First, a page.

MTPR

Waterton-Glacier Workshop Draws Land And Wildlife Managers From 70 Countries

Sep 15, 2016

Most of the 50 people visiting Waterton-Glacier International Peace Park for a workshop this week have never seen a bison. They flew in from as far away as South Africa, Russia and Iran to learn about ways countries can work together to manage wildlife, rivers, reefs and landscapes.

Representatives of nearly 30 international projects across 70 countries and indigenous territories are taking part in the three-day workshop hosted by Waterton-Glacier International Peace Park. On Wednesday, they went on a field trip to the Blackfeet Reservation to see the early stages of a cooperative management program in action here.

The Blackfeet Nation is working to restore bison to the species’ native range, which extends beyond the boundaries of their reservation into Glacier National Park and the nearby Badger-Two Medicine area on National Forest land.

"So here's the thing: You cannot care about buffalo and not care about the buffalo people."

Leona Tracey is the field program coordinator for the Innii Initiative, the tribe’s bison program. The tribe wants bison back on the landscape for food independence, ecological conservation and maintaining tradition.

Leona Tracey is the field program coordinator for the Innii Initiative, the tribe’s bison program. The tribe wants bison back on the landscape for food independence, ecological conservation and maintaining tradition.
Credit Mike Albans

For the past 8 years, the tribe has worked with the Wildlife Conservation Society, Glacier National Park, Parks Canada and the Blackfoot Confederacy to design a management program.

Tracey told the international conservationists about how important bison are to the Blackfeet people, emphasizing the need for different agencies to work together.

"Us tribal people, we can't do it all by ourselves. We probably can, but it might take a lot longer, but if we can get all the rest of you to help us, it's something we can see."

The Innii Initiative is just one example the cooperative management across political borders Glacier National Park is known for, says park superintendent Jeff Mow.

"If there's one thing Glacier brings to the National Park Service with regards to what's unique about each park, I think it's the fact that it's the world's first International Peace Park."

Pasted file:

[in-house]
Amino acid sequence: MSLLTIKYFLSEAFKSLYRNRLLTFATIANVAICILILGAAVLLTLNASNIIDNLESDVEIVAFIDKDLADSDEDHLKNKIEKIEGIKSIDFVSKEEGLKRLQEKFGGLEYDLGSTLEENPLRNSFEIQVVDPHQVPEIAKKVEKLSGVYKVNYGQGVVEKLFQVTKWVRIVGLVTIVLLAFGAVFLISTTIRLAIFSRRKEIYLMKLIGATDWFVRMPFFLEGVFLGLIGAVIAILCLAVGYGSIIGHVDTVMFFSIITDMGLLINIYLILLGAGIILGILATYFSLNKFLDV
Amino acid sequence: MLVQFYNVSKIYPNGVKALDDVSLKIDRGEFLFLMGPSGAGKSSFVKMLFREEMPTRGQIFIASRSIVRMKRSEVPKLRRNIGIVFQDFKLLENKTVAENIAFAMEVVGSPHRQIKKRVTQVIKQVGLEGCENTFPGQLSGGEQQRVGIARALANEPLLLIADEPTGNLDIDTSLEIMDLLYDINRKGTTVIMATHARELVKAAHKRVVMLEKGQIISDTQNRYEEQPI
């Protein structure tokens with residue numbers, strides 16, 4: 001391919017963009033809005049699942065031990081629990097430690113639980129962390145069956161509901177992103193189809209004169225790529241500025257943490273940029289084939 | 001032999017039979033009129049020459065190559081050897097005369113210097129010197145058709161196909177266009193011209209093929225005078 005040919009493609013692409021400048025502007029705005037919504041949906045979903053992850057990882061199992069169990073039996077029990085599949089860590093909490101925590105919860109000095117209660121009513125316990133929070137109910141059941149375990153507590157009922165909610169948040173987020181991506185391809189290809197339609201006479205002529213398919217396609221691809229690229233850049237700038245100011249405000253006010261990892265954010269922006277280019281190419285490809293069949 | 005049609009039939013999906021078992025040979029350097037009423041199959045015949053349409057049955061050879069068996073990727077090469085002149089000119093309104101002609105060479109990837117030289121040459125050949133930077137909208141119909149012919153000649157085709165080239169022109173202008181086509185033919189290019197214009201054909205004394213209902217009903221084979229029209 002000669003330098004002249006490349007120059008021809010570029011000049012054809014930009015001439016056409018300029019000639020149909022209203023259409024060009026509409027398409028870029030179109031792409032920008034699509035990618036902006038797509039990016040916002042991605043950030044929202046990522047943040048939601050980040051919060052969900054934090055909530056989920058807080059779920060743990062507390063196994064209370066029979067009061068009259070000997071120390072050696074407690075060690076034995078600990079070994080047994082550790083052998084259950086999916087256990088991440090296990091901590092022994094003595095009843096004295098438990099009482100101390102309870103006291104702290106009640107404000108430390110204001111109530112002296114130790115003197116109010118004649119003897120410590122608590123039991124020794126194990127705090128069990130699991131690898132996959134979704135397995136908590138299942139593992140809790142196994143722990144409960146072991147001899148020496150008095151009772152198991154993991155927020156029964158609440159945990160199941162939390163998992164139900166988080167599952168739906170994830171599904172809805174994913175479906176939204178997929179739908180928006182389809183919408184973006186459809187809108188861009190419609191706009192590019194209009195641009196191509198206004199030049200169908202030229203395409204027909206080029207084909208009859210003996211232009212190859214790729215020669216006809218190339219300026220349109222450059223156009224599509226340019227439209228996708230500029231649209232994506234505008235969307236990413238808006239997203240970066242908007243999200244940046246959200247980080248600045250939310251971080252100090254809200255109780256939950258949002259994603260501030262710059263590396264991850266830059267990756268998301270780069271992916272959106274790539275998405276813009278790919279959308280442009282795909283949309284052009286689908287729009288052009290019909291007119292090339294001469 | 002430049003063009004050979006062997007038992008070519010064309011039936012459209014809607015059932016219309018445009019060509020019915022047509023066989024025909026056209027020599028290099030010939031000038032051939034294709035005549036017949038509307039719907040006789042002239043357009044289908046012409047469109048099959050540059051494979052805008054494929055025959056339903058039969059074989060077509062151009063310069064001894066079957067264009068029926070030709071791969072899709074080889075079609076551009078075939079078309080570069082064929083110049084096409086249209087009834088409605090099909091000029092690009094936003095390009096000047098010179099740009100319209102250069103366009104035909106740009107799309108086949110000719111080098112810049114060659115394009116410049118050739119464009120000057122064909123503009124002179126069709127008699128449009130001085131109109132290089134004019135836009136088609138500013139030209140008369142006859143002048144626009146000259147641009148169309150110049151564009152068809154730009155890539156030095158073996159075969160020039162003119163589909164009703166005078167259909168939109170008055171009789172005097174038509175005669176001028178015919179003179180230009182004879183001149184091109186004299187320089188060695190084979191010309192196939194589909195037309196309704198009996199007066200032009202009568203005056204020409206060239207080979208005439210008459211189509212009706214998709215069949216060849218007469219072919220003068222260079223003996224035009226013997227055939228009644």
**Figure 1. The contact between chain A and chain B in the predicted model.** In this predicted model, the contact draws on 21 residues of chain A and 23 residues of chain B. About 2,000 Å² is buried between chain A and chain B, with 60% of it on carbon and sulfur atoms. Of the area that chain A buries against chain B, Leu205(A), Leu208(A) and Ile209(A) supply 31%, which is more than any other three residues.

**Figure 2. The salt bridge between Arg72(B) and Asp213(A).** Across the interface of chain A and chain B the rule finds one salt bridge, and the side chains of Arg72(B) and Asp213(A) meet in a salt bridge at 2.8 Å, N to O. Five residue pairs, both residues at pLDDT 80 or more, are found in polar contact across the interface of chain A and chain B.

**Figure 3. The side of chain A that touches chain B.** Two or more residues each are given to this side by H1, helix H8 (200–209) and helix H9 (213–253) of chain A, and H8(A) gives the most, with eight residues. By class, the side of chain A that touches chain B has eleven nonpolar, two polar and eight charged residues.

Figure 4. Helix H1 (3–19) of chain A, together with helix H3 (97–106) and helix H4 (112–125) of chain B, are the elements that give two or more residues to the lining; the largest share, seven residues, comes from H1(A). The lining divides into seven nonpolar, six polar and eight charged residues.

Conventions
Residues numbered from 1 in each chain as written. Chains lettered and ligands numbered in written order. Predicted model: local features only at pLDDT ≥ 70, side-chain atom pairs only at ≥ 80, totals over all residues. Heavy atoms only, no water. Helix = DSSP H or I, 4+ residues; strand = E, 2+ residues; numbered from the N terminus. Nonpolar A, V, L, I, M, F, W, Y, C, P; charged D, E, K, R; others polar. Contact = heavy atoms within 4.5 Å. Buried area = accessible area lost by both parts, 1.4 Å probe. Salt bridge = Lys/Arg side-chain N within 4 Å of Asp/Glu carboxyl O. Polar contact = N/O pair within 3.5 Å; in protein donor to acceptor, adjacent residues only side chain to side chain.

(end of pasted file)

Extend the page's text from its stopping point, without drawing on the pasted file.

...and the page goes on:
That designation formally recognized friendship between Canada and the United States in 1932. Since then, Glacier and its neighbor to the north — Waterton Lakes National Park — have agreed to cooperate in managing and researching grizzly bears. More recently, the parks have been working together to become the first multi-nation Dark Sky Preserve.

Mow says the Innii Initiative is another way the park can partner with its neighbors to better manage wildlife and ecosystems.

"It's really going to this next level, I'd say almost transformational level, of how we manage a resource or important issue, like restoring bison habitat."

Mow echoes Leona Tracey — saying his agency can’t do it alone. The park only has about 100,000 acres of suitable bison habitat — the best winter range is on the Blackfeet Reservation. To maintain a healthy herd, both groups will have to balance their autonomous control with working together.

Each of the projects represented at the workshop are really different, and there’s no common roadmap for how to create them.

Andrew Dunn works for the Wildlife Conservation Society in Africa. He says learning about the Innii Initiative provides a model for work he’s doing to protect the cross river gorilla.

People came from as far away as South Africa, Russia and Iran to learn about ways countries can work together to manage wildlife, rivers, reefs and landscapes. Representatives of nearly 30 international projects across 70 countries and indigenous territories are taking part in the three-day workshop hosted by Glacier National Park.
Credit Mike Albans

"I've really enjoyed this today, being out in the sun and just listening to the story of the buffalo and the story of the American Indians taking control of their land and their health issues. I've been fascinated by this today."

The cross river gorilla is a critically endangered species that only lives on the border between Nigeria and Cameroon. The two countries got into a border war over oil in the 1990s. Dunn thinks conservation across borders is one way to restore peace.

"So it was a lot of mistrust built over years, so people wouldn't really meet. So trans-boundary conservation is one way of bringing people together from both sides of the border to meet and talk about an issue of common interest. And if you do that over a few years, you meet every 6 months or 12 months, it gradually builds up trust and personal relationships, and I think it helps break down barriers."

The trans-boundary summit piggybacks the annual week-long Hands Across Borders celebration, which recognizes the Rotary Club’s contribution to environmental peacemaking.

[Editors note, 09/19/16: Some references to "Glacier National Park were changed to "Waterton-Glacier International Peace Park"]